The ideology of Swisscom’s late CEO, Carsten Schloter, has had an impact on Fox. Swisscom is a company name rarely recognised in relation to debt or financial struggles, and is often predicting and achieving high revenue outlooks.

“[Schloter] said, ‘we are going to build the best fixed and wireless networks, we are going to have more spectrum, more deployed technology than anybody else, and we are going to make a lot of money doing that’,” Fox says. “That was their core value proposition, and you cannot ignore their financial success in doing that.”

Movers and shakers
Fox went straight into consulting when he left business school because he liked the idea of making a difference. Across a 35-year career, he consulted in a variety of industries – including transportation and chemicals – before finding his feet in telecoms and technology.

“I thought I would stay in this industry for maybe five years before moving on to something else,” Fox says.

But Fox found the continually evolving telecoms and technology market too revolutionary to leave. When he first started in the industry, mobile was only in its infancy.

“It is an industry where every five years, something really big happens or changes, and it’s really exciting,” Fox says.

So what does he think will be the next big thing?

IBM is heavily focussed on Big Data and analytics, which Fox sees as the next major game-changer for telecoms.

Big Data, he says, will enable operators to enhance customer experience by analysing any issues in the network. More importantly, it will be able to tap more deeply in to customer behaviour. “Big Data is something I could spend hours talking about,” he says. “It is a really fascinating subject.”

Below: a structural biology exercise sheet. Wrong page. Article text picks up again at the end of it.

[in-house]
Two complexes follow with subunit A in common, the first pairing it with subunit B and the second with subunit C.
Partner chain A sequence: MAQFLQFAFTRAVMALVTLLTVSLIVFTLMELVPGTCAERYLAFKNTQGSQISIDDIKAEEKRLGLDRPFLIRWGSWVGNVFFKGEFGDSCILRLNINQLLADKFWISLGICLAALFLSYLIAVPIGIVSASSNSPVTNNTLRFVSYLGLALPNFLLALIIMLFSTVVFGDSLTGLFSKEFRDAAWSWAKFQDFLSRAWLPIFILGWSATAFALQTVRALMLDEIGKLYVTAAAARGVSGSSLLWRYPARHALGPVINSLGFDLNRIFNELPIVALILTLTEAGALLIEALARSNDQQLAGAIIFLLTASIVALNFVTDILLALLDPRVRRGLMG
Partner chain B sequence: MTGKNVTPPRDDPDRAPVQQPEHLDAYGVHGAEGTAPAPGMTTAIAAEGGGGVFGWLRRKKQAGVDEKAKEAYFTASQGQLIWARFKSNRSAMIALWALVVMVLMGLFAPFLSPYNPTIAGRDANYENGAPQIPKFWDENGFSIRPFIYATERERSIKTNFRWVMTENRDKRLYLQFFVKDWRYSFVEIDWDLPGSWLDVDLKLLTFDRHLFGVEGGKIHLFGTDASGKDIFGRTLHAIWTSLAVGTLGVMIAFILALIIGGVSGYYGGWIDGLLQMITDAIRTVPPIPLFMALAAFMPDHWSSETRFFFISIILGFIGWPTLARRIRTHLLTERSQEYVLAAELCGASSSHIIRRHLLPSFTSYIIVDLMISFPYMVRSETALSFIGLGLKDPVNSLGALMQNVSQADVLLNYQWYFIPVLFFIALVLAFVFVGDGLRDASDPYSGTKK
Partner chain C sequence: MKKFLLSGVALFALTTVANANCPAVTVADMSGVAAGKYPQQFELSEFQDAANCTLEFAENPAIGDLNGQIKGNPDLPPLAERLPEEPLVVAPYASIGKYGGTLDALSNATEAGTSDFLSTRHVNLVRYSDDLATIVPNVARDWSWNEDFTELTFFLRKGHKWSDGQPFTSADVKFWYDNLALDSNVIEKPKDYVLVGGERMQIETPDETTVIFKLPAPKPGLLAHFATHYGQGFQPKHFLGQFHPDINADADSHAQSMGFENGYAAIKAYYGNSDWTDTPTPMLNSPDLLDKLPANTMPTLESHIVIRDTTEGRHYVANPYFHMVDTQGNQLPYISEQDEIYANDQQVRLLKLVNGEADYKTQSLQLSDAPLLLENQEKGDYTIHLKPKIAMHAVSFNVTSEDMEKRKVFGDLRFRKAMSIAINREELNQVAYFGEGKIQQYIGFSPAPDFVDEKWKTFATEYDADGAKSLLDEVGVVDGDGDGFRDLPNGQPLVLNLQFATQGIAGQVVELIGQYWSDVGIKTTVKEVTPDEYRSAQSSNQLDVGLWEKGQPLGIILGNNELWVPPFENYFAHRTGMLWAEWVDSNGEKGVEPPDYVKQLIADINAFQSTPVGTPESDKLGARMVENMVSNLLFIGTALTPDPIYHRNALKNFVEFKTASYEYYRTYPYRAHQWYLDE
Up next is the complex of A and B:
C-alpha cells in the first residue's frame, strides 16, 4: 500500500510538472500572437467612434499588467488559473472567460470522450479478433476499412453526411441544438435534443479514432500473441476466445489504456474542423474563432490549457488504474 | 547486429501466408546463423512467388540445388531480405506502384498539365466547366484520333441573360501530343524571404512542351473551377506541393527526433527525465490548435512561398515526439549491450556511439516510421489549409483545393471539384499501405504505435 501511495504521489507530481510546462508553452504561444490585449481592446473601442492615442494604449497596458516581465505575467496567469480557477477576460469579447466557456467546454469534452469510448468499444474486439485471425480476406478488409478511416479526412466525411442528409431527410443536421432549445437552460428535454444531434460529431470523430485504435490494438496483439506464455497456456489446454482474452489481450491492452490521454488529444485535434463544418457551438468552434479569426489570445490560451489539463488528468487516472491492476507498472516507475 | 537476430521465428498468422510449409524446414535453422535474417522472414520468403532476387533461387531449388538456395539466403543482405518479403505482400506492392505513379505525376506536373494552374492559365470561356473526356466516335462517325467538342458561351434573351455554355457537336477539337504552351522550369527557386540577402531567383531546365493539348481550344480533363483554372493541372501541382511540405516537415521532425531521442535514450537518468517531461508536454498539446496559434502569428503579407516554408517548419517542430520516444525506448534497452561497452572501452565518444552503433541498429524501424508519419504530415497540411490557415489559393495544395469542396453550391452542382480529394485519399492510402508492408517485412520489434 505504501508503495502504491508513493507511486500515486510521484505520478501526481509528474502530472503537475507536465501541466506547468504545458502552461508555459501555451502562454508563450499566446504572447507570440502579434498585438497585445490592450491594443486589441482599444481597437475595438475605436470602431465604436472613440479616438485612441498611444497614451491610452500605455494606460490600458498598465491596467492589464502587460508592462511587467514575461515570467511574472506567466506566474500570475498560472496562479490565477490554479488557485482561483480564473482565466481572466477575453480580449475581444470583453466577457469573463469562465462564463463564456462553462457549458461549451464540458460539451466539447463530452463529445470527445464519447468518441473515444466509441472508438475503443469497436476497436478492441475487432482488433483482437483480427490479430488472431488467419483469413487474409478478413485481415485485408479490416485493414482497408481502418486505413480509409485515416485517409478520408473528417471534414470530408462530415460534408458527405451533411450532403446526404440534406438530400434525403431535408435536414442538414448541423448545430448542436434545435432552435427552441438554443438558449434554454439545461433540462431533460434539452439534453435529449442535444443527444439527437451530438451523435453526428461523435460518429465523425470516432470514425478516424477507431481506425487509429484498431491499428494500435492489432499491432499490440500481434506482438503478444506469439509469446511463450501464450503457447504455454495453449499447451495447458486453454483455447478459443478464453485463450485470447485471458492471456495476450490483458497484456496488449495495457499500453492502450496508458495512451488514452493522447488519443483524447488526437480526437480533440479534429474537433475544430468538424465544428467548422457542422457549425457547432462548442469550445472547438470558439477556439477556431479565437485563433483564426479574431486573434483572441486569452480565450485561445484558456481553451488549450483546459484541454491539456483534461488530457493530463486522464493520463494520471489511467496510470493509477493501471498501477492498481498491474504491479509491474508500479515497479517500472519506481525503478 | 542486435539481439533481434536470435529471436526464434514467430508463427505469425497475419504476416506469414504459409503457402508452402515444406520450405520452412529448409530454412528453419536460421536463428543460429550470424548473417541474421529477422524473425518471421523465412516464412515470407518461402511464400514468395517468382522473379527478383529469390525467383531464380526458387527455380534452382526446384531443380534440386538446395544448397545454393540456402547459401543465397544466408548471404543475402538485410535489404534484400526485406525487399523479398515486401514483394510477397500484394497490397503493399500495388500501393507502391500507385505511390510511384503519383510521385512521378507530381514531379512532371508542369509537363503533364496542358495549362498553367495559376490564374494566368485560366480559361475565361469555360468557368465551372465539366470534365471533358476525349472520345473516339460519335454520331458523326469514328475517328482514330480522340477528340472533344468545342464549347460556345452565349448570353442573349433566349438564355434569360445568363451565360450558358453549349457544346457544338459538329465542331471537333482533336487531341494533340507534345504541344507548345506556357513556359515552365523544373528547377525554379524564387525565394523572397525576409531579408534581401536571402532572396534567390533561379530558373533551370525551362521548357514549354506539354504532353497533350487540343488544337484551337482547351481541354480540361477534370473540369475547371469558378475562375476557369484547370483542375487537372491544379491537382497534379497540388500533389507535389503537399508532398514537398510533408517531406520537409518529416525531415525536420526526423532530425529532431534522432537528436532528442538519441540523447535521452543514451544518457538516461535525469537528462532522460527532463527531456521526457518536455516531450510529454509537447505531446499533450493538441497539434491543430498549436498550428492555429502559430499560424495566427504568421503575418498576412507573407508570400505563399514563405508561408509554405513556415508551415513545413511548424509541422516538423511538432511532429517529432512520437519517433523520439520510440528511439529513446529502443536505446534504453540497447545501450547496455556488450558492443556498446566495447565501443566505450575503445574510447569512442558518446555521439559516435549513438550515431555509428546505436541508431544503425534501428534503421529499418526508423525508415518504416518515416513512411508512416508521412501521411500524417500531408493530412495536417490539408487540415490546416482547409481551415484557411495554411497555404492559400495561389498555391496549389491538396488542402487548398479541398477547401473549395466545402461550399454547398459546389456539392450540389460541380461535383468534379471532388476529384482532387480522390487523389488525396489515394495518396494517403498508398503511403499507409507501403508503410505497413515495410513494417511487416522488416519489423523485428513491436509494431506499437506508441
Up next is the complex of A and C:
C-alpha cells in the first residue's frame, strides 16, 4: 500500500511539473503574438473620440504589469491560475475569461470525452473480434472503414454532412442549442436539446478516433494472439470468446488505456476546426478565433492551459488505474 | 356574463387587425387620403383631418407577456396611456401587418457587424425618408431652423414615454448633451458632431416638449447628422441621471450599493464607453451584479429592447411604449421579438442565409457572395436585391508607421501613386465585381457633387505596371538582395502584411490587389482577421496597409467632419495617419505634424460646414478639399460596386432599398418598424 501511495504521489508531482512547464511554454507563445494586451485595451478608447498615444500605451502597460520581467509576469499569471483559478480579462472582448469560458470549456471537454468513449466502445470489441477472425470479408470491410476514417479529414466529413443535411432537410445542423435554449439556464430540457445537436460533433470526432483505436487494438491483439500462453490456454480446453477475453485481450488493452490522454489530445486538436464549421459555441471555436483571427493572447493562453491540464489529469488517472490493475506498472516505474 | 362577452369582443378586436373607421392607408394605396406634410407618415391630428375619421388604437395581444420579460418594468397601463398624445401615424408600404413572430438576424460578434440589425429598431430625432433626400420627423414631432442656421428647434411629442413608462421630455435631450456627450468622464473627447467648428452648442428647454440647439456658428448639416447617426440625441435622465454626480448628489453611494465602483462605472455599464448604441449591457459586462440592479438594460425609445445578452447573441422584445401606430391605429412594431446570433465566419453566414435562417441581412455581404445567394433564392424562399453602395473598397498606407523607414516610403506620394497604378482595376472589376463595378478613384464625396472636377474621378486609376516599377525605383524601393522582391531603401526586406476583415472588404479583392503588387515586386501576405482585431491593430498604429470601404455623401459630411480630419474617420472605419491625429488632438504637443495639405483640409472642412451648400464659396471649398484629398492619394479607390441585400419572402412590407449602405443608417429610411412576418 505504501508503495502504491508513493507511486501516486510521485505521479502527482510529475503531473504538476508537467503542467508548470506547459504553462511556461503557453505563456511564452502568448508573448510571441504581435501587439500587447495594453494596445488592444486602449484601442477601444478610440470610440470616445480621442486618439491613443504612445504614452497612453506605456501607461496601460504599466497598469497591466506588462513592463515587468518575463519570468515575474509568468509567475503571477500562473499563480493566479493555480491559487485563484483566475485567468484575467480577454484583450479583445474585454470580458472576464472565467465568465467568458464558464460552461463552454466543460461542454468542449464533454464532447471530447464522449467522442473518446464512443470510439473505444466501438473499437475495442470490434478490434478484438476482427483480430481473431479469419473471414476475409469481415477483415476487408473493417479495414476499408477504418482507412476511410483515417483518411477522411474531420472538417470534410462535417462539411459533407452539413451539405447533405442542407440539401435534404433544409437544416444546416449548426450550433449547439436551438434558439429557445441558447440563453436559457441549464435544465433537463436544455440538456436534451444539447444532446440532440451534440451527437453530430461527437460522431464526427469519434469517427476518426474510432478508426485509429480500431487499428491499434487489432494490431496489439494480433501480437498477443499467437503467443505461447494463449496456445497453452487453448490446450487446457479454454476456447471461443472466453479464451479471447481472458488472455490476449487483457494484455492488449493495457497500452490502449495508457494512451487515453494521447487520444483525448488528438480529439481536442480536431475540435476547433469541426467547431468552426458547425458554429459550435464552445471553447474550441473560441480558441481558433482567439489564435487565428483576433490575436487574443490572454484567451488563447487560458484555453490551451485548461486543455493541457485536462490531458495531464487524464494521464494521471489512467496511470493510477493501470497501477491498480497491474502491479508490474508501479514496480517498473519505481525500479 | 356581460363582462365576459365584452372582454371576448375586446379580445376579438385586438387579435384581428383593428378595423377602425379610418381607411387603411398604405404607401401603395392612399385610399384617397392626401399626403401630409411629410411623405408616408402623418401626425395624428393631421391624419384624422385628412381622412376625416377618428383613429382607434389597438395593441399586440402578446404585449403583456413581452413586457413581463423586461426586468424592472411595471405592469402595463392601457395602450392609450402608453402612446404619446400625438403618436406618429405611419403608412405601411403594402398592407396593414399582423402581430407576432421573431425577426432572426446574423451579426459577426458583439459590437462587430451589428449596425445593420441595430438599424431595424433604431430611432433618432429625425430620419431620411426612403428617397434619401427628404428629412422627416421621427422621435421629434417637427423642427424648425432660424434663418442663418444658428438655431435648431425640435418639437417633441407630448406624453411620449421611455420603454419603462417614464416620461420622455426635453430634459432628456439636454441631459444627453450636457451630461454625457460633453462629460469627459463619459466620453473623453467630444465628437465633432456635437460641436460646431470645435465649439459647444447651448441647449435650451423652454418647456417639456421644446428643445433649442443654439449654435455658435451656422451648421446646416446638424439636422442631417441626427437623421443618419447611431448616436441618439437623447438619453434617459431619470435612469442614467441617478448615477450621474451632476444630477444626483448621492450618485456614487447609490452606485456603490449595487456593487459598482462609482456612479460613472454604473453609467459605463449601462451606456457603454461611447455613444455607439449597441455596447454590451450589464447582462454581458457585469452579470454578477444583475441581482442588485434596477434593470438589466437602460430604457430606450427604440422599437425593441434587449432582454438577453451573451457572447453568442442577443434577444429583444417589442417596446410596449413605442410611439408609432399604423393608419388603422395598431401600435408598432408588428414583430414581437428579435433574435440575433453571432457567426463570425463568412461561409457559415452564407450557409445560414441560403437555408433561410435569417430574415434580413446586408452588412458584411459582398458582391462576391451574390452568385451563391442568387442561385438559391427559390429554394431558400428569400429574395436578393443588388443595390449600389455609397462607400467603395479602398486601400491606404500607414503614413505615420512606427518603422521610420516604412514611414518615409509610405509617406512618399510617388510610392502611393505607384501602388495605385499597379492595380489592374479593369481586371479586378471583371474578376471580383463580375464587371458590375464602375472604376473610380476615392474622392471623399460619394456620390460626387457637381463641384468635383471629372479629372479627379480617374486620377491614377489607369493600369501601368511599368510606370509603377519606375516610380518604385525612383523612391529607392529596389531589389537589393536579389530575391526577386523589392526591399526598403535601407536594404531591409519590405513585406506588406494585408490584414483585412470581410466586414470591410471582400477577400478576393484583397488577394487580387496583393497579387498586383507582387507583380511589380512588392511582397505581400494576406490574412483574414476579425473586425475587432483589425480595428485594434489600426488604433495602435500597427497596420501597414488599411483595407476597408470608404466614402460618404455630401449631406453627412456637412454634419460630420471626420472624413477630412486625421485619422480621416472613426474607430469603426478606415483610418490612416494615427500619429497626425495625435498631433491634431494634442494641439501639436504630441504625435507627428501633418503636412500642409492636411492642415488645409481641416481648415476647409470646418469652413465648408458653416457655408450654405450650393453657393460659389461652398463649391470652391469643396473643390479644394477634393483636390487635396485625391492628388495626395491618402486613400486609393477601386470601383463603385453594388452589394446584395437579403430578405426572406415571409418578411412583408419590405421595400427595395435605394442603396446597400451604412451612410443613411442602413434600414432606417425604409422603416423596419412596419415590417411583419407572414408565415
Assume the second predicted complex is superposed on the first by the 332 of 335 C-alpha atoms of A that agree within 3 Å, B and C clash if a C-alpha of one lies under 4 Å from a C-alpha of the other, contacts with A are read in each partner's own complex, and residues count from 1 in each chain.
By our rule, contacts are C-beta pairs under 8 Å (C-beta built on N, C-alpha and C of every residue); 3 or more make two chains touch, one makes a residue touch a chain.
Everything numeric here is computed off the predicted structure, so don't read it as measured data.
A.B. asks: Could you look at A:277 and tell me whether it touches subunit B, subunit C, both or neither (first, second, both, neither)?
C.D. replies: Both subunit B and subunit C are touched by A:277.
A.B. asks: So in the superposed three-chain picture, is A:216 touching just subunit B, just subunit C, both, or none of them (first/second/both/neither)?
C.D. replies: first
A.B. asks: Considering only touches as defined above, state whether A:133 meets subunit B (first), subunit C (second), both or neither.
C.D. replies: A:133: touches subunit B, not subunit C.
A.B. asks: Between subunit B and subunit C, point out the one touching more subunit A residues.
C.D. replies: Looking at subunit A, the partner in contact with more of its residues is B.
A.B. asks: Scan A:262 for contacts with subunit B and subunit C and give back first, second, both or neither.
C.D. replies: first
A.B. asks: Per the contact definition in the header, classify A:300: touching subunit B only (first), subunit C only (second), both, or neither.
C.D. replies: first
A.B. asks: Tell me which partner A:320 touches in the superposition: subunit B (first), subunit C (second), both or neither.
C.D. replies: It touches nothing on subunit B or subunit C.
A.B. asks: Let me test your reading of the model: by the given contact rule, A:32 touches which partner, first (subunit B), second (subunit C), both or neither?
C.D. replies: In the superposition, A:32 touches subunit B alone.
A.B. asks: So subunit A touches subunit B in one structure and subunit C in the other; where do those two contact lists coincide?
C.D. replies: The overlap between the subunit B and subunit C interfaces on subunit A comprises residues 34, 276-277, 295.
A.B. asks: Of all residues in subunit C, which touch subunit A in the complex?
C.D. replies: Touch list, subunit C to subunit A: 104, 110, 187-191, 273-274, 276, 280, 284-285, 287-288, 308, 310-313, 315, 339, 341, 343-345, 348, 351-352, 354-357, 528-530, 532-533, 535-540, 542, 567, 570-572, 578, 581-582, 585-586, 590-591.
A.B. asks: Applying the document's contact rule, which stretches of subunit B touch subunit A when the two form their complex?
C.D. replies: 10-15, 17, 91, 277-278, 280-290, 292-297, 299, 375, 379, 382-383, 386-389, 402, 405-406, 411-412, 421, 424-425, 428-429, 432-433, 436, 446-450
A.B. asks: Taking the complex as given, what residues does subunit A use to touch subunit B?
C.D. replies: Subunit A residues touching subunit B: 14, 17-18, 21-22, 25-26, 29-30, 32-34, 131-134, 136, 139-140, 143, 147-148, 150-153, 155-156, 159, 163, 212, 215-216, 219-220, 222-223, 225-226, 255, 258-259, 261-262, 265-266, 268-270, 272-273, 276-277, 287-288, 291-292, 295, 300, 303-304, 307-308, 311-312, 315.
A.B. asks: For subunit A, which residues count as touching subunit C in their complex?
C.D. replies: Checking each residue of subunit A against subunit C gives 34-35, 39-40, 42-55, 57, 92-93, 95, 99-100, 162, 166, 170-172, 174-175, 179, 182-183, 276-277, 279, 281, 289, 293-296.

Another fascinating subject to the telecoms world over is the growing potential for, and development of M2M services.

Fox believes the industry is only just scratching the surface when it comes to M2M, and says that there are a lot of processes that still need perfecting before they can be implemented on a global scale.

As an estimation, Fox gives M2M between three and five years before it will become a social norm, and even then it will be dependent on the pain-points in each economy.

“For some it might be the refrigerator telling you when it’s running low on milk,” he says. “But for others it might be predicting when a water main or electrical pipe is about to explode.”

A man of his word
Fox explains how his role at IBM has also changed and developed in line with market trends. As opposed to focussing on geography, brand or service line, the company has become more industry-specific.

“We are doing this firstly because it is what our clients are asking for,” he says. “They want to know which are the best players in telecoms, or which are the best players in banking.”

This has also involved a change in management structure. He explains there is not a great deal of direct management involved in his role, as those that report in to him are heads of telecoms or media and entertainment in countries all over the world.

In terms of management style, Fox very much practises what he preaches. “I am a people person. I am good at speaking with people and people always know where they stand with me,” he says. “I also like people who are able to have a debate with me and question something if they do not agree. It is good for the company and it brings about new ideas.”

However, once an idea has been batted around and a decision has been made, Fox likes to execute the plan efficiently.

This global management structure only adds to Fox’s extensive travel schedule, which sees him spending two to three weeks every month travelling.

“It is really fun and I have always enjoyed the travel,” he says. There isn’t a company as global as IBM.”

Flying high
Based in Boston, Fox says he tries to spend at least a week or two at home every month where he lives with his wife and one of his three children.

With such a high-flying international career, you might be excused for thinking Fox would like to relax in his spare time, but he names skiing, golfing and cycling as just some of his interests when he’s not at work.

And this ethos of sticking to what you are good at seems to ring true even through to his hobbies.

“I do these things, I enjoy them, but I don’t do them to any level of excellence,” he jokes. “But it’s incredible to see people who do.”